The cure is simple: Have a plan.

Each longer piece of your online content should have its own inner organization. That’s why creating an outline before you start writing and checking its logic again after the post is finished is so important.

Again, subheads, bulleted points, and numbered lists make it easier for your readers to follow your thoughts.

 

5. Inconsistency

Having a consistent social media presence doesn’t have to mean being online 24/7. Blogging consistently doesn’t have to mean hitting publish at 7 a. m. every Tuesday and Friday (but respect to those who do so!).

For me, consistency is more about your style, the quality of your content, and the big picture of your brand than about timing. Here’s what I mean:

Imagine each piece of your online content as a small piece of a puzzle. Your potential fans find these pieces at various places – in a Facebook group where you answered someone’s question; on Twitter; on someone else’s blog where you wrote a guest post or a comment; or elsewhere. They pick the piece up, look at it, and wonder what the whole picture looks like.

They click the link in your bio and find another piece – your blog or website. They want more, so they subscribe to your newsletter. They get more and more pieces that fit together well and form a nice picture that makes perfect sense. With each piece, they like you more – and trust you more.

In other words, an inner organization isn’t everything. Each piece of content, no matter how big or small, should fit in the big picture of your online presence.

You achieve this by blending your personal style, your message, your voice, and your why into every part of your online presence.

On a more practical level, you do it by including links to other pieces of your content and gently leading your readers where you can serve them best (I’m trying to walk my talk with the marketing jargon here and avoid the word “funnel”).

Randomness has its place in your marketing, too – that’s how you can share more of you. Show us a picture of your child or your doggie; tell us what TV show you’re obsessed with and why, or how your yoga practice is going.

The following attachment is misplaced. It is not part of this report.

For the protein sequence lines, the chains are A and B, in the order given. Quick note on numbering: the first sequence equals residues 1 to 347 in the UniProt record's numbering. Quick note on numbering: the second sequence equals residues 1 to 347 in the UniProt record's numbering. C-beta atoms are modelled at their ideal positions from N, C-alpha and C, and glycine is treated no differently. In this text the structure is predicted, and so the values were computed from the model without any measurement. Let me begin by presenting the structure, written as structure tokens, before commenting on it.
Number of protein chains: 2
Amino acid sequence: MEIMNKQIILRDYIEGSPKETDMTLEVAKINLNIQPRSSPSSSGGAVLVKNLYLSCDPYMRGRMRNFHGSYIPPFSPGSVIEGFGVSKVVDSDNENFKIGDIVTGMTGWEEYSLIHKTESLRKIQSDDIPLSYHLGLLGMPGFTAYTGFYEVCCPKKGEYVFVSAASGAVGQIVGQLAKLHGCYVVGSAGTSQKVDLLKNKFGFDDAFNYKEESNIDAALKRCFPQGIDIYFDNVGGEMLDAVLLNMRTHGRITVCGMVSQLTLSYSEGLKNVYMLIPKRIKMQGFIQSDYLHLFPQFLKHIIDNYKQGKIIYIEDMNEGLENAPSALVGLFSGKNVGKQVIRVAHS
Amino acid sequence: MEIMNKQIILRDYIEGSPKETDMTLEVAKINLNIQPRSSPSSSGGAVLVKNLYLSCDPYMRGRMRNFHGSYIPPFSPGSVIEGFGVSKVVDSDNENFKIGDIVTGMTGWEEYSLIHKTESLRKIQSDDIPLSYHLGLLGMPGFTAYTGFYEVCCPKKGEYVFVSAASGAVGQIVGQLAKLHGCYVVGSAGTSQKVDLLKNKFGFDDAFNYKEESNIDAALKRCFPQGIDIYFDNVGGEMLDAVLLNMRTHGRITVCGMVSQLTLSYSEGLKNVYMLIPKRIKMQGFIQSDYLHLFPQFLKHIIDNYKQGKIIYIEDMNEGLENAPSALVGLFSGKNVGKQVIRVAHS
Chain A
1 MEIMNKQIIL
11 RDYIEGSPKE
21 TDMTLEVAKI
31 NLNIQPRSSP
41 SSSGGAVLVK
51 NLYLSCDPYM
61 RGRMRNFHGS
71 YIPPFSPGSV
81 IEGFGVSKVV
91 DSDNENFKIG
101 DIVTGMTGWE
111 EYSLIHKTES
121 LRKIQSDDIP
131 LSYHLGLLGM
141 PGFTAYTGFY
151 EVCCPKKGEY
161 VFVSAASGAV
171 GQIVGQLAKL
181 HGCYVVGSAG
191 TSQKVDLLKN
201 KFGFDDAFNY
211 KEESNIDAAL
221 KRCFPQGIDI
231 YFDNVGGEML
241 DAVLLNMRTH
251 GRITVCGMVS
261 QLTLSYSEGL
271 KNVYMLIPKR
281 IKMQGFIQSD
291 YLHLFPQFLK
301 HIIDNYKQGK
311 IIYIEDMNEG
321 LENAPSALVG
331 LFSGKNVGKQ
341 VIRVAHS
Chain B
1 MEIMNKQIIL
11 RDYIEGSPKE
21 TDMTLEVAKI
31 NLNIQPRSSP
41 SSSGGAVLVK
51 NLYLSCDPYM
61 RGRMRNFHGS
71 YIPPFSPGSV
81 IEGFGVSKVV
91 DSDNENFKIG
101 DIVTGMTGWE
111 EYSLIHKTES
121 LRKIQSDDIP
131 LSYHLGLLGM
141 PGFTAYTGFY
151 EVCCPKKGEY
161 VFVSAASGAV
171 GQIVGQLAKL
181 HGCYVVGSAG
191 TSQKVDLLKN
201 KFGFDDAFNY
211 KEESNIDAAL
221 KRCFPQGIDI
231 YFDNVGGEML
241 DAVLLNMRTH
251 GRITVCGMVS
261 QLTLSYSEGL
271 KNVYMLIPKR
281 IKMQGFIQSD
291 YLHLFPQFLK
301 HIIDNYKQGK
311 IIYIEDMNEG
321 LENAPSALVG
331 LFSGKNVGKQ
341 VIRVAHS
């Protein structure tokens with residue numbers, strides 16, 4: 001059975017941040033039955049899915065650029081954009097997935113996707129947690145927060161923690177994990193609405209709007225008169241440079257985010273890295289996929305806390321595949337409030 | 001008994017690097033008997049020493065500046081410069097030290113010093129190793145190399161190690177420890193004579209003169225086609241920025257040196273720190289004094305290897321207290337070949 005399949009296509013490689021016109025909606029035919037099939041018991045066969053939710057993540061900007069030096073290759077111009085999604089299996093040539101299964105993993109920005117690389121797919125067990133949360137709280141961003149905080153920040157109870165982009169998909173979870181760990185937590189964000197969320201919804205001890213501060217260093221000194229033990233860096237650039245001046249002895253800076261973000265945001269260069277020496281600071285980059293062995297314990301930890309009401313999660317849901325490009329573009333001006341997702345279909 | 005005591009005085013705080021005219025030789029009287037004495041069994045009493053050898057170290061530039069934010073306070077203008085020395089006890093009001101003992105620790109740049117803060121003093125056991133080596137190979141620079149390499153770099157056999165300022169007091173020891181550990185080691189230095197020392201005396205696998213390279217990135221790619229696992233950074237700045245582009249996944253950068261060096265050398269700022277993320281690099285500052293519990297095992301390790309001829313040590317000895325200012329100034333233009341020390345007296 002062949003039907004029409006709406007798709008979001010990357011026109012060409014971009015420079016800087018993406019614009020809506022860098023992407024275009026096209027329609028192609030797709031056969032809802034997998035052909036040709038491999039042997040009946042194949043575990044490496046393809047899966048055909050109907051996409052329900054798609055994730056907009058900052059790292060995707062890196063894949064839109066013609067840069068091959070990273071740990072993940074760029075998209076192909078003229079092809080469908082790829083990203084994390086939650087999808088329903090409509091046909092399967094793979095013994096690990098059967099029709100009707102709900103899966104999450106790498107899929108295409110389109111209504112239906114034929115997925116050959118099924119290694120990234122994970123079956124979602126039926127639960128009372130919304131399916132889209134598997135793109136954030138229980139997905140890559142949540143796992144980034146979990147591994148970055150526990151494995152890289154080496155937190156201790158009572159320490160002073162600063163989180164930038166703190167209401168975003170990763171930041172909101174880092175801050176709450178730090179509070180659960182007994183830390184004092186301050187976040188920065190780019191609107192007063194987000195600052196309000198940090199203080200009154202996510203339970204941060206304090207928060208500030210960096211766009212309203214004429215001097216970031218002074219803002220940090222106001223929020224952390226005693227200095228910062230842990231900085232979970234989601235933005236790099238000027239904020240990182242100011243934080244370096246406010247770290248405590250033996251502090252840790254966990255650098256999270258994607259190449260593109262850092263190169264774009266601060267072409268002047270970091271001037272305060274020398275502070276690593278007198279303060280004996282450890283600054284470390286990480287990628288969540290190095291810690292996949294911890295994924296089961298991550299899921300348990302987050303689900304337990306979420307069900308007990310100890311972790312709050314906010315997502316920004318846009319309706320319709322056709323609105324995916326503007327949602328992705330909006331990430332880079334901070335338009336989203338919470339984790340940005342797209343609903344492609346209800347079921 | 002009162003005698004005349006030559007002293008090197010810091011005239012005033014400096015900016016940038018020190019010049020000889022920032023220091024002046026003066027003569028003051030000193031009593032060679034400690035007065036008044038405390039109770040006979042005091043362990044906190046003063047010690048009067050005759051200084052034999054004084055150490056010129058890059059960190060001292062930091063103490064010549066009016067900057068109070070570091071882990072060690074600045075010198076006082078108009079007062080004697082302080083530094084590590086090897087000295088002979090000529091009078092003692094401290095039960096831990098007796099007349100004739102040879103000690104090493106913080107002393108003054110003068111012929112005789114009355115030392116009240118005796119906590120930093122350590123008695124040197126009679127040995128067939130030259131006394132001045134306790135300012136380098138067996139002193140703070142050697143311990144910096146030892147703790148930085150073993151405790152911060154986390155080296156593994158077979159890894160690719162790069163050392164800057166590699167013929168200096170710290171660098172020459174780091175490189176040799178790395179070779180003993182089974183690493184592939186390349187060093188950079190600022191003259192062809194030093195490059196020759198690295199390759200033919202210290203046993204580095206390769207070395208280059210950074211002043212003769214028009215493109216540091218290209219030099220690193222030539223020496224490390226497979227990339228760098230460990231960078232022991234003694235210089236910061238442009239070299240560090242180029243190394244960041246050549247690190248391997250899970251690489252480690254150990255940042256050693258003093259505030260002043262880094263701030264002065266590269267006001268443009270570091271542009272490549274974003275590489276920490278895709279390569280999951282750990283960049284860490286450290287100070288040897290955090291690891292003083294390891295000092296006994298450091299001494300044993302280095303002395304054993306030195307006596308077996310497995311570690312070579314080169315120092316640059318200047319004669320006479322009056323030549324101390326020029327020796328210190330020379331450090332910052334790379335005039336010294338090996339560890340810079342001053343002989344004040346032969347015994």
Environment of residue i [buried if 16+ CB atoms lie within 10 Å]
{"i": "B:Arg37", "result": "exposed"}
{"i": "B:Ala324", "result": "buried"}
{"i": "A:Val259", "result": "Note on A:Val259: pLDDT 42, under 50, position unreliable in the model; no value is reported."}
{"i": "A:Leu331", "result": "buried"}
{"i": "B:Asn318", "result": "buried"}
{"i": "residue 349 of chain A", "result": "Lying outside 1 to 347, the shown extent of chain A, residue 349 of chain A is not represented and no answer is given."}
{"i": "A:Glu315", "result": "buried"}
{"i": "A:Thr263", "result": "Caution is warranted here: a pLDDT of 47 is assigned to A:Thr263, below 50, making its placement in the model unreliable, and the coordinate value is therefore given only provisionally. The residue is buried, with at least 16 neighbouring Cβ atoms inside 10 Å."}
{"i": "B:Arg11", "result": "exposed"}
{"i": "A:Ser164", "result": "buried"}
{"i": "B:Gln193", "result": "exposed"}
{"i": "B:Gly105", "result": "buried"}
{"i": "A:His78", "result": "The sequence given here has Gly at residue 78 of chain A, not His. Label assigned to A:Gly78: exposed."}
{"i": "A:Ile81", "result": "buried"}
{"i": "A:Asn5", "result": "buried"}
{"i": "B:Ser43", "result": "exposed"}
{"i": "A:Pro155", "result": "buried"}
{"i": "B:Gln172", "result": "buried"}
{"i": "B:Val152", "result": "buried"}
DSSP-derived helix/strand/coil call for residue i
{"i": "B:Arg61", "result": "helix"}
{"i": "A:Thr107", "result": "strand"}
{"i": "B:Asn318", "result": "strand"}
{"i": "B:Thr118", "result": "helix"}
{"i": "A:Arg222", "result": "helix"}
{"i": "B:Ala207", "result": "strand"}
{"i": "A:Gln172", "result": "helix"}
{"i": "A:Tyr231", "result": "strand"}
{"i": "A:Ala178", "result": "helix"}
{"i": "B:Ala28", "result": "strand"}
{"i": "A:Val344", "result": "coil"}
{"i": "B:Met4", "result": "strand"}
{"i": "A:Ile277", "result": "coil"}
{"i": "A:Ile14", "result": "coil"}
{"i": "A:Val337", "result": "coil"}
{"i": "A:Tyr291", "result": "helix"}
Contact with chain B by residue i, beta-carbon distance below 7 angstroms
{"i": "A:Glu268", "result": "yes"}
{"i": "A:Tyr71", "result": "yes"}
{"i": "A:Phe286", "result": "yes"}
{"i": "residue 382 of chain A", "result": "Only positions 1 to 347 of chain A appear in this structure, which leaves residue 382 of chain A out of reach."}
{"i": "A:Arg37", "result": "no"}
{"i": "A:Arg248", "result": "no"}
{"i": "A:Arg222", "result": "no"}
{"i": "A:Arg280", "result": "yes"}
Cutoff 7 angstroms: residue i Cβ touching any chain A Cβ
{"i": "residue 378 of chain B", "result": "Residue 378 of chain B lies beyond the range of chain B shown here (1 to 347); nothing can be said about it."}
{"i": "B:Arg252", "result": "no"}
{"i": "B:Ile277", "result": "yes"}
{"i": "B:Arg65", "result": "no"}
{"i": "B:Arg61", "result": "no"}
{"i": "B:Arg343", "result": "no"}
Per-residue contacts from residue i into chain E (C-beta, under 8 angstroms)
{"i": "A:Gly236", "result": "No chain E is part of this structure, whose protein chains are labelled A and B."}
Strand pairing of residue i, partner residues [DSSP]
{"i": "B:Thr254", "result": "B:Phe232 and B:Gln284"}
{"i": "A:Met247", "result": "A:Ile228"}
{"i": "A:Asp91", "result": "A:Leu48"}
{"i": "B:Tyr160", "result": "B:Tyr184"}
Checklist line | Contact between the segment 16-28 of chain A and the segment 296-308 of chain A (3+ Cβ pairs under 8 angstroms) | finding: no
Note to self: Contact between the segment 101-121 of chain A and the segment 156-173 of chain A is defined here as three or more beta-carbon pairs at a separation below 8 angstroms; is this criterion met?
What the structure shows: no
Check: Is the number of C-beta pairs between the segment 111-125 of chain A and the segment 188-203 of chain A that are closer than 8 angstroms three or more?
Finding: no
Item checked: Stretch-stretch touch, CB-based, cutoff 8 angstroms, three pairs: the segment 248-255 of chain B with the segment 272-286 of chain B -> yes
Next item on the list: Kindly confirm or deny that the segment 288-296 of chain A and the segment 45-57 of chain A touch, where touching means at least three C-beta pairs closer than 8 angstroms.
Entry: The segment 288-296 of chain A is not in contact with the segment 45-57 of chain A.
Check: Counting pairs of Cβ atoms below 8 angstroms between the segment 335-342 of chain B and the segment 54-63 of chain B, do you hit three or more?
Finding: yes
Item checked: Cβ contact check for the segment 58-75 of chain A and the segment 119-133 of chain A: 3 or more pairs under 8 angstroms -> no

But don’t throw around random pieces of a puzzle that have nothing to do with the big picture.

 

6. Not knowing your readers

When you write fiction, you have to know your protagonist: his motivation, fears, desires, secret dreams, everything.

When you write for business, your protagonist is your ideal reader/client.

Go and stalk your readers (or potential readers) on social media, talk to them, and connect with them. Stop playing the guessing game, and give them what they really need. They will appreciate it.

As a side effect, you’ll get more organized, you’ll struggle less with what to write about, and it’ll be easier for you to create irresistible content that will transform your followers and readers into clients.

 

In business writing, your customer = the hero of your story. Click To Tweet

 

7. Not knowing your why

The last, but the most important point of all is, knowing your why. As Simon Sinek said, people don’t buy what you do; they buy why you do it.

What’s your big why?

Find it and use it as the thing that connects all the pieces together. Let your why shine through your words, your design, and every piece of your online presence. The world needs your voice, and in the online world, knowing your why and having a strong message is what makes your voice stronger.

 

☆☆☆

 

What to do next?

You can humanize your copy today if you do the following:

+ Look at the most important parts of your online presence (it may be your about page, landing pages, and so on) and remove all words and phrases you wouldn’t use when talking to a friend.

+ Split long paragraphs, and make sure the font is big enough to be easily readable.

+ Think about one small thing you can add to make your copy sound more like you. It may be a short personal story, a fun fact, or a “secret” dream. It may be the swear word you wanted to use, but avoided it because of what you’ve been taught at school.

Uložit

2 Comments

  1. Frans

    Really great points here! Definitely coming back to this post for a last check up before I put up my next blog post!

    Reply
    • Veronika

      Glad you found it useful! Thank you for your comment, Frans.

      Reply

Submit a Comment

Your email address will not be published. Required fields are marked *

This site uses Akismet to reduce spam. Learn how your comment data is processed.

56 Shares
Tweet
Share
Pin